Invest in a tabletop Volcano brand vaporizer or a hand-held vaporizer (such as vaporPlus). Construct your own vaporizer if you can't afford to buy one.

Inhale via a Pipe/One-Hitter/Steam Roller

Use a glass, stainless steel, or brass pipe; avoid wood or plastic pipes. Glass one hitters, tubular pipes that contain a single dose, are the most economical devices.

Inhale via a Bong/Water Pipe

Don't use a bong or water pipe regularly. The water absorbs some of the THC and other cannabinoids, and you can inhale water vapor or water drops into your lungs.
Don't use a bong made from plastic, rubber or aluminum that can produce harmful fumes when heated or melted. If you do use one, change the water frequently to limit exposure to germs and viruses.

Medical Cannabis and Its Impact on Human Health a Cannabis Documentary

Cannabis Extracts and Concentrates
The dried flower or bud from the manicured, mature female plant is the most widely consumed form of cannabis in the U.S. Elsewhere in the world, extracts or concentrates of the cannabis plant are more commonly used. Concentrates are made from cannabinoid-rich glandular trichomes, which are found in varying amounts on cannabis flowers, leaves and stalks. The flowers of a mature female plant contain the most trichomes.
Many methods are used to separate the trichomes from the plant:
  • Sift the cannabis flower and/or leaves through a fine screen either via a mechanical/motorized tumbler or by hand. Called “dry sift.” What passes through the screen is primarily the oil-rich glandular heads.
  • Roll the cannabis flowers between the fingers to rupture the trichomes and collect the resin that sticks to the fingers. Called “finger hash.”
  • Submerge cannabis leaves in ice water and agitate mixture to solidify trichomes. Filter mixture through series of increasingly fine screens or bags. Dry the trichomes and press into blocks. Called “bubble hash.” This method has increased yield.
There are other ways to separate the trichomes from other plant material, such as butane extractions, but consult your local medical cannabis laws concerning restrictions on certain types of preparations and use caution as some methods can create serious combustion dangers.

Kief

Kief is a powder made from trichomes removed from the leaves and flowers of cannabis plants. Can be compressed to produce cakes of hashish, or consumed (typically smoked) in powder form in a pipe or with cannabis bud or other herbs.

Hashish

Hashish (also known as hash or hashisha) is a collection of compressed or concentrated resin glands (trichomes). Hash contains the same active cannabinoids as the flower and leaves but typically in higher concentrations (in other words, hash is more potent by volume than the plant material from which it was made).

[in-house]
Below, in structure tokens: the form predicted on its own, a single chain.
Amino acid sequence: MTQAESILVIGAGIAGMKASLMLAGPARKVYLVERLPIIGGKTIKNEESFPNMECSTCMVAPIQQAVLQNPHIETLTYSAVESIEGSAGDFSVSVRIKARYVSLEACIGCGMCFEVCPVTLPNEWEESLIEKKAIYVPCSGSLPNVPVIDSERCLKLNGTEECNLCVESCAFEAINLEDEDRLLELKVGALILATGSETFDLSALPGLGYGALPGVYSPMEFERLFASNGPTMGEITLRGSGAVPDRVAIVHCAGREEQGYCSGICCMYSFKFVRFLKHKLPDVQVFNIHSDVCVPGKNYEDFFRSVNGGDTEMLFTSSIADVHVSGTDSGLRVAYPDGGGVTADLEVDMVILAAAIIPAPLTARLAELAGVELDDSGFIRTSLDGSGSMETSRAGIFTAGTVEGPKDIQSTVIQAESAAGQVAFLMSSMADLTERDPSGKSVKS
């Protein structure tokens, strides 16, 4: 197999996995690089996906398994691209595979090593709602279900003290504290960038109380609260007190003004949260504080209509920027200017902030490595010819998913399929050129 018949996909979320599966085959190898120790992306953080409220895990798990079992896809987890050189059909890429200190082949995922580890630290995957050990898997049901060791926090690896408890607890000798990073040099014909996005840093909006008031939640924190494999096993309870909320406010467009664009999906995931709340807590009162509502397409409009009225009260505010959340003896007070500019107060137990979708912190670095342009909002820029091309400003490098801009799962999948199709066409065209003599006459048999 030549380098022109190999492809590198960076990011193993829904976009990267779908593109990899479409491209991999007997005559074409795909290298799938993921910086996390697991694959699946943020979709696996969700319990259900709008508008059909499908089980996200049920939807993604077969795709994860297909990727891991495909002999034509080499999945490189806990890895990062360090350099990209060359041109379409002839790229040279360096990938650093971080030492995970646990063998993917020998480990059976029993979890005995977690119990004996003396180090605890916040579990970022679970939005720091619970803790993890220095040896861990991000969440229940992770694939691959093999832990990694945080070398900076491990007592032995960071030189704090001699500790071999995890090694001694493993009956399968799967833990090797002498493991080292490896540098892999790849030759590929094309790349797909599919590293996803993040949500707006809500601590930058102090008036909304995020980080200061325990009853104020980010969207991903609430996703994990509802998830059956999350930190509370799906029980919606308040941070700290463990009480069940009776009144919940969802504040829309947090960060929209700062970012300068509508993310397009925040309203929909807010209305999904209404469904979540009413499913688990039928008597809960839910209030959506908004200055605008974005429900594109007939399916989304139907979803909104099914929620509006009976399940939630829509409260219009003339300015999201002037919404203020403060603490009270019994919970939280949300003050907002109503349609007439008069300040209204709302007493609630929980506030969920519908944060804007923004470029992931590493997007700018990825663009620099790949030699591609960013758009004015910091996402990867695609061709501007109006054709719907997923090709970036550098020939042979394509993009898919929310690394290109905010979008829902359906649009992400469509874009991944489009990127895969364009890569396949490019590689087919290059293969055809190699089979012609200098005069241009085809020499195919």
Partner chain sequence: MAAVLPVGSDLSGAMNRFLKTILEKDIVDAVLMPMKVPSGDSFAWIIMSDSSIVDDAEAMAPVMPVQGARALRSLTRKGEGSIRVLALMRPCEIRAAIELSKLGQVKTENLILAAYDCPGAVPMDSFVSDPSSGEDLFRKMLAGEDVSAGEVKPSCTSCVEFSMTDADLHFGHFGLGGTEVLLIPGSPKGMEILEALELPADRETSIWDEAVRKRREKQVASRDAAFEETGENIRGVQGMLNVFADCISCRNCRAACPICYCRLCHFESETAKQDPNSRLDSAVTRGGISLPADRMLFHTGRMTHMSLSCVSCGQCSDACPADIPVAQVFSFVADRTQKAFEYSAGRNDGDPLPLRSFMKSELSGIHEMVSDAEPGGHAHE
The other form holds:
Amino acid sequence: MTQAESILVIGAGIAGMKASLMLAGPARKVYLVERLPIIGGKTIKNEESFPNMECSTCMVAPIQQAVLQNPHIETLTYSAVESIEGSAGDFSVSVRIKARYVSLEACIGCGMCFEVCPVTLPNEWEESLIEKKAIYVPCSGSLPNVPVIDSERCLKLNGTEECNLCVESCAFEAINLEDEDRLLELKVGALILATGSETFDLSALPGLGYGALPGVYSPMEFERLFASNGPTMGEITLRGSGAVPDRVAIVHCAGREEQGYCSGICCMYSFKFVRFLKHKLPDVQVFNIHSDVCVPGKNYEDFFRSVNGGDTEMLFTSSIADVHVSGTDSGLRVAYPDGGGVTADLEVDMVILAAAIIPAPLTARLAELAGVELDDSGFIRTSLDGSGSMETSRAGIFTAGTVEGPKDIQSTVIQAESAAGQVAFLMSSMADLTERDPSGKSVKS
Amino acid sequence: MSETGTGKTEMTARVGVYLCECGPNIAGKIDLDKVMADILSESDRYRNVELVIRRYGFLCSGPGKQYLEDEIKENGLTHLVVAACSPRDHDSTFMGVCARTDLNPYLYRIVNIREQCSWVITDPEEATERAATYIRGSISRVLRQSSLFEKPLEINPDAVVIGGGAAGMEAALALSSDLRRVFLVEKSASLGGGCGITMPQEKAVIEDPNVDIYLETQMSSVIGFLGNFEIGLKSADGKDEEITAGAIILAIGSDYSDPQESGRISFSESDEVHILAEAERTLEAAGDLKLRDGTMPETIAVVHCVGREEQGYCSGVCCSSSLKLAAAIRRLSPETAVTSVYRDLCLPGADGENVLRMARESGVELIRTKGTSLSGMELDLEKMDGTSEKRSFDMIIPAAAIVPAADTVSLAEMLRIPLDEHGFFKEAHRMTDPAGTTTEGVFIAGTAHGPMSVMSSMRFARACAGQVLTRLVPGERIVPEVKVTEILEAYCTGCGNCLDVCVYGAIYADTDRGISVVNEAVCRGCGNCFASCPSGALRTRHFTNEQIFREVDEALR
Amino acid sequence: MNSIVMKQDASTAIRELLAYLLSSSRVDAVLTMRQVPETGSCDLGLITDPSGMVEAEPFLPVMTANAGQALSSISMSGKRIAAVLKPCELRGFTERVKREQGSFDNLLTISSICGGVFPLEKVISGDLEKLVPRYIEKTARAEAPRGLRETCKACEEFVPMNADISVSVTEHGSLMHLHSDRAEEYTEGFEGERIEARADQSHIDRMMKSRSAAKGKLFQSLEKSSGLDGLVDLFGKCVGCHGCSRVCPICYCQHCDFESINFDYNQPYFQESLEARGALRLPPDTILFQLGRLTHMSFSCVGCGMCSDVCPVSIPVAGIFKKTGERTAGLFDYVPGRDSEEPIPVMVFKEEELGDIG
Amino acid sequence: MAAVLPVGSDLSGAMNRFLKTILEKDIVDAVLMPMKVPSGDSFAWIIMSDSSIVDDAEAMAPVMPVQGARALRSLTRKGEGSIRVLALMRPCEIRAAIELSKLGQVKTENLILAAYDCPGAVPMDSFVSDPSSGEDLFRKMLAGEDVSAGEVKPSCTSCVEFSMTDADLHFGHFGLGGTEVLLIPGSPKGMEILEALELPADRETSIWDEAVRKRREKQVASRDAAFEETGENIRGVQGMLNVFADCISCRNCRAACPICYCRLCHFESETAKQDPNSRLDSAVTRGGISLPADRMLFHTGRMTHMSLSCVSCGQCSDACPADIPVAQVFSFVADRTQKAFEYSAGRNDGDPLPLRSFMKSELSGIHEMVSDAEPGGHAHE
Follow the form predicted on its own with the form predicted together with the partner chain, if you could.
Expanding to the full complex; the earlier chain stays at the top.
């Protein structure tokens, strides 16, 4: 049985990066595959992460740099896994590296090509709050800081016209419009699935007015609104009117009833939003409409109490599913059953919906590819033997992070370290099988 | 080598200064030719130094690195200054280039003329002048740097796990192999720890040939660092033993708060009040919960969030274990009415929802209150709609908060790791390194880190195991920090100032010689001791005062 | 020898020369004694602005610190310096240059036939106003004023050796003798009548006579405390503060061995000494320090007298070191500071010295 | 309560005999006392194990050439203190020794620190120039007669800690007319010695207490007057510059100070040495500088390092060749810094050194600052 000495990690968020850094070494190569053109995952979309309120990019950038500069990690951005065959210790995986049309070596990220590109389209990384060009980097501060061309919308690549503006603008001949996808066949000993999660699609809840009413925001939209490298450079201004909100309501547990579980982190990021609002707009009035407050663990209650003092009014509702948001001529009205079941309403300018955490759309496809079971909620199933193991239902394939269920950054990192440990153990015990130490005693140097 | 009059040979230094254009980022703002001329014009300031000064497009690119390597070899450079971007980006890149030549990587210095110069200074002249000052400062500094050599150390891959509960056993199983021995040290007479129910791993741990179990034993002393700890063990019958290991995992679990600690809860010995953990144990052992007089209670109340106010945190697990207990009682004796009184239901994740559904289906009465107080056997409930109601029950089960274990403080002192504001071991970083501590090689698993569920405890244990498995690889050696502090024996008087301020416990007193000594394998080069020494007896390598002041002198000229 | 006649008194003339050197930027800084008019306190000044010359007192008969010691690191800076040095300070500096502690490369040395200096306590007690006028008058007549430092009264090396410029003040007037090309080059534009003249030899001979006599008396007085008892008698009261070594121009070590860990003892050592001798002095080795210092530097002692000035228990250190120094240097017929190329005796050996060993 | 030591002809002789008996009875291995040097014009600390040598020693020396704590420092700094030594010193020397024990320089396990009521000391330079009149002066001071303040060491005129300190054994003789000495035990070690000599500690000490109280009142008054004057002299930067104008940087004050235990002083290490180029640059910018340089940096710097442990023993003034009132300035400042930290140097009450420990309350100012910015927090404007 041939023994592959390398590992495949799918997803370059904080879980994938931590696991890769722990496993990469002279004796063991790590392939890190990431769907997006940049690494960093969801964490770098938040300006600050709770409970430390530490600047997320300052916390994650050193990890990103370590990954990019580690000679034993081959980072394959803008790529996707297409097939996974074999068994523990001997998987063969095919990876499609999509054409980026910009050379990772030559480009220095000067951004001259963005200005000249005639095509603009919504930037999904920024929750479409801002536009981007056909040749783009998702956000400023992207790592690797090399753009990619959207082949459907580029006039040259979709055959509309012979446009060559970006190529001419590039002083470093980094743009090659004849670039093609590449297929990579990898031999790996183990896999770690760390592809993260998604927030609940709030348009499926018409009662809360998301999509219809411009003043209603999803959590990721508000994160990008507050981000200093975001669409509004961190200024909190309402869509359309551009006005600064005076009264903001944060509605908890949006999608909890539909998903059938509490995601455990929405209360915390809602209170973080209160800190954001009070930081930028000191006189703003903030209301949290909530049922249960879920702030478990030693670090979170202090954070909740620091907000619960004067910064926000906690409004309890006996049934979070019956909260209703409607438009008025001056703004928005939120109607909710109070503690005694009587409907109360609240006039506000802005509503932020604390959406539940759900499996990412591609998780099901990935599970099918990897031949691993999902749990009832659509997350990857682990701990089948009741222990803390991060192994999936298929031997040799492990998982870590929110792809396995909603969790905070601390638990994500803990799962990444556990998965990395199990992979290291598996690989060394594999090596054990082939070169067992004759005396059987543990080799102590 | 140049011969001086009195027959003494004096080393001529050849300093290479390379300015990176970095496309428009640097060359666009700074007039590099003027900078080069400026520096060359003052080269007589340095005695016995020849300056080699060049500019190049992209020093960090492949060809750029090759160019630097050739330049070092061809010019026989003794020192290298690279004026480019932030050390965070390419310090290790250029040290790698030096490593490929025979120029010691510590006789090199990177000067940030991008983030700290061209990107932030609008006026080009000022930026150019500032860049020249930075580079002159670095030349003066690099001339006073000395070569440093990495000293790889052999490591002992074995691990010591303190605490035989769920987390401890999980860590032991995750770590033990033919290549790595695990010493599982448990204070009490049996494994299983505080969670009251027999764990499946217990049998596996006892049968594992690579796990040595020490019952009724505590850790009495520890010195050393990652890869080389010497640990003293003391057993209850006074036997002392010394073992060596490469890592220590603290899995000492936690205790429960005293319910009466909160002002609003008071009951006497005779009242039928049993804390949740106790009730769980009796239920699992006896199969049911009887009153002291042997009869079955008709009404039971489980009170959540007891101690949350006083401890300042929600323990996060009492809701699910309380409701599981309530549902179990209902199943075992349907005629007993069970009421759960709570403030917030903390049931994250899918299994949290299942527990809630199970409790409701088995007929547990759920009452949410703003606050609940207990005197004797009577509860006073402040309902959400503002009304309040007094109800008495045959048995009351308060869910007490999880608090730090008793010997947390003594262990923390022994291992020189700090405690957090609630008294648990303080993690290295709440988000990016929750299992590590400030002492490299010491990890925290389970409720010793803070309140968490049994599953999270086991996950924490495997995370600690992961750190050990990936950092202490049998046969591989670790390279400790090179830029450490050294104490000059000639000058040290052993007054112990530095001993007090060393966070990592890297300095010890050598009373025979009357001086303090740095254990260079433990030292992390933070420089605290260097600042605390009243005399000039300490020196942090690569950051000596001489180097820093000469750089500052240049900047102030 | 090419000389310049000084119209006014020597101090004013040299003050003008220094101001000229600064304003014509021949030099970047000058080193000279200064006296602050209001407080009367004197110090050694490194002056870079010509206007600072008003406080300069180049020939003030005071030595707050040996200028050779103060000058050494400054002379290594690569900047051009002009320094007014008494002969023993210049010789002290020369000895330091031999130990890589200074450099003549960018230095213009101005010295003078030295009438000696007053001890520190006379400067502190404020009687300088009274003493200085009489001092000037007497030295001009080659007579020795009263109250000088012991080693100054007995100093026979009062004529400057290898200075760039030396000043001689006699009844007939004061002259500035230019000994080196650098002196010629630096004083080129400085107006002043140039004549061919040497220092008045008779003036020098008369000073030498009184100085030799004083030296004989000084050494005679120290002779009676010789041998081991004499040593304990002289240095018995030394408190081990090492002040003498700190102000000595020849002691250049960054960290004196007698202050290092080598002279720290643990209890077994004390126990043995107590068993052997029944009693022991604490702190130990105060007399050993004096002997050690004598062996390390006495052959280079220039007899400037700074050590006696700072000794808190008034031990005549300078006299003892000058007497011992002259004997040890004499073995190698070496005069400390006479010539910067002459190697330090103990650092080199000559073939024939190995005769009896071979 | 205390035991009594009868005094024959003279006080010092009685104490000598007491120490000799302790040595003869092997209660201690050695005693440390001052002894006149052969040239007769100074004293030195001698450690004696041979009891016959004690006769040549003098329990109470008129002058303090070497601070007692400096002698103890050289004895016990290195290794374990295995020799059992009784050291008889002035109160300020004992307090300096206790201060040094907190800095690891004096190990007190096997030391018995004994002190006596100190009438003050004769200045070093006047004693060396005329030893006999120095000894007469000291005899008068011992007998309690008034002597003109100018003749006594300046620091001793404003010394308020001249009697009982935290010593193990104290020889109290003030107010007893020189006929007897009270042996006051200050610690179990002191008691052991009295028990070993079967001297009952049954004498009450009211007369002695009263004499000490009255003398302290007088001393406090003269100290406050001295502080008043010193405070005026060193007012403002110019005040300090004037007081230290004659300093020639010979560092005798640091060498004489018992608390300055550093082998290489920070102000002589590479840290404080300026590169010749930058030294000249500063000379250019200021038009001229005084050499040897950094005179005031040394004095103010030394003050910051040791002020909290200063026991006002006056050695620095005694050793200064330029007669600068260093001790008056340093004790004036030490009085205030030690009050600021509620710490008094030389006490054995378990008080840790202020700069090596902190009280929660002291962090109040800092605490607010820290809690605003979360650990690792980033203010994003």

• Hashish usually is a paste-like substance with varying hardness. Good quality is typically described as soft and pliable. It becomes progressively harder and less potent as it oxidizes and oil evaporates.
  • THC content of hashish ranges from 15-70%.
  • Often smoked with a small pipe. Can be used in food, in a hookah, vaporizer, mixed with joints of cannabis bud or aromatic herbs.
  • Color varies from black to brown to golden or blonde. Color typically reflects methods of harvesting, manufacturing, and storage.
MYTH: The effects from smoking hash are different.
FACT: The effects of hash vary in the same way strains of cannabis do. This stems from differences in potency of hash and the regional variations between cannabis strains used for making it.

Hash oil

Hash oil is a mix of essential oils and resins extracted from mature cannabis foliage through the use of various solvents such as ethanol or hexane. The solvent is then evaporated, which leaves the oil. Hash oil tends to have a high proportion of cannabinoids—a range from 30 to 90% THC content can be found.
Can be smoked with a specialty pipe (specifically for hash oil or hash), with a vaporizer, with cannabis bud in a pipe, joint, or added to food.

Cannabis Edibles

Cannabis can be ingested or eaten when added to cake, cookies, dressings, and other foods. It can also be brewed into a tea or other beverage. To be effective, cannabis and its extracts or concentrates must be heated in order to convert the cannabinoid tetrahydrocannabinolic acid into active THC.
Digestive processes alter the metabolism of cannabinoids and produce a different metabolite of THC in the liver. That metabolite may produce markedly different effects or negligible ones, depending on the individual. Onset of effects are delayed and last longer due to slower absorption of the cannabinoids.
Cannabinoids are fat-soluble, hydrophobic oils, meaning they dissolve in oils, butters, fats and alcohol, but not water. Processes using oil, butter, fat or alcohol can extract the cannabinoids from plant material.
Various forms of converted cannabis can be used for edible medicating. Each can be made from cannabis flowers, leaves of concentrates such as hash. The potency of the edible will depend on the material used in making it and the amount used. Edibles made with hash will be stronger than those made from leaf trim.

Cannabis Oil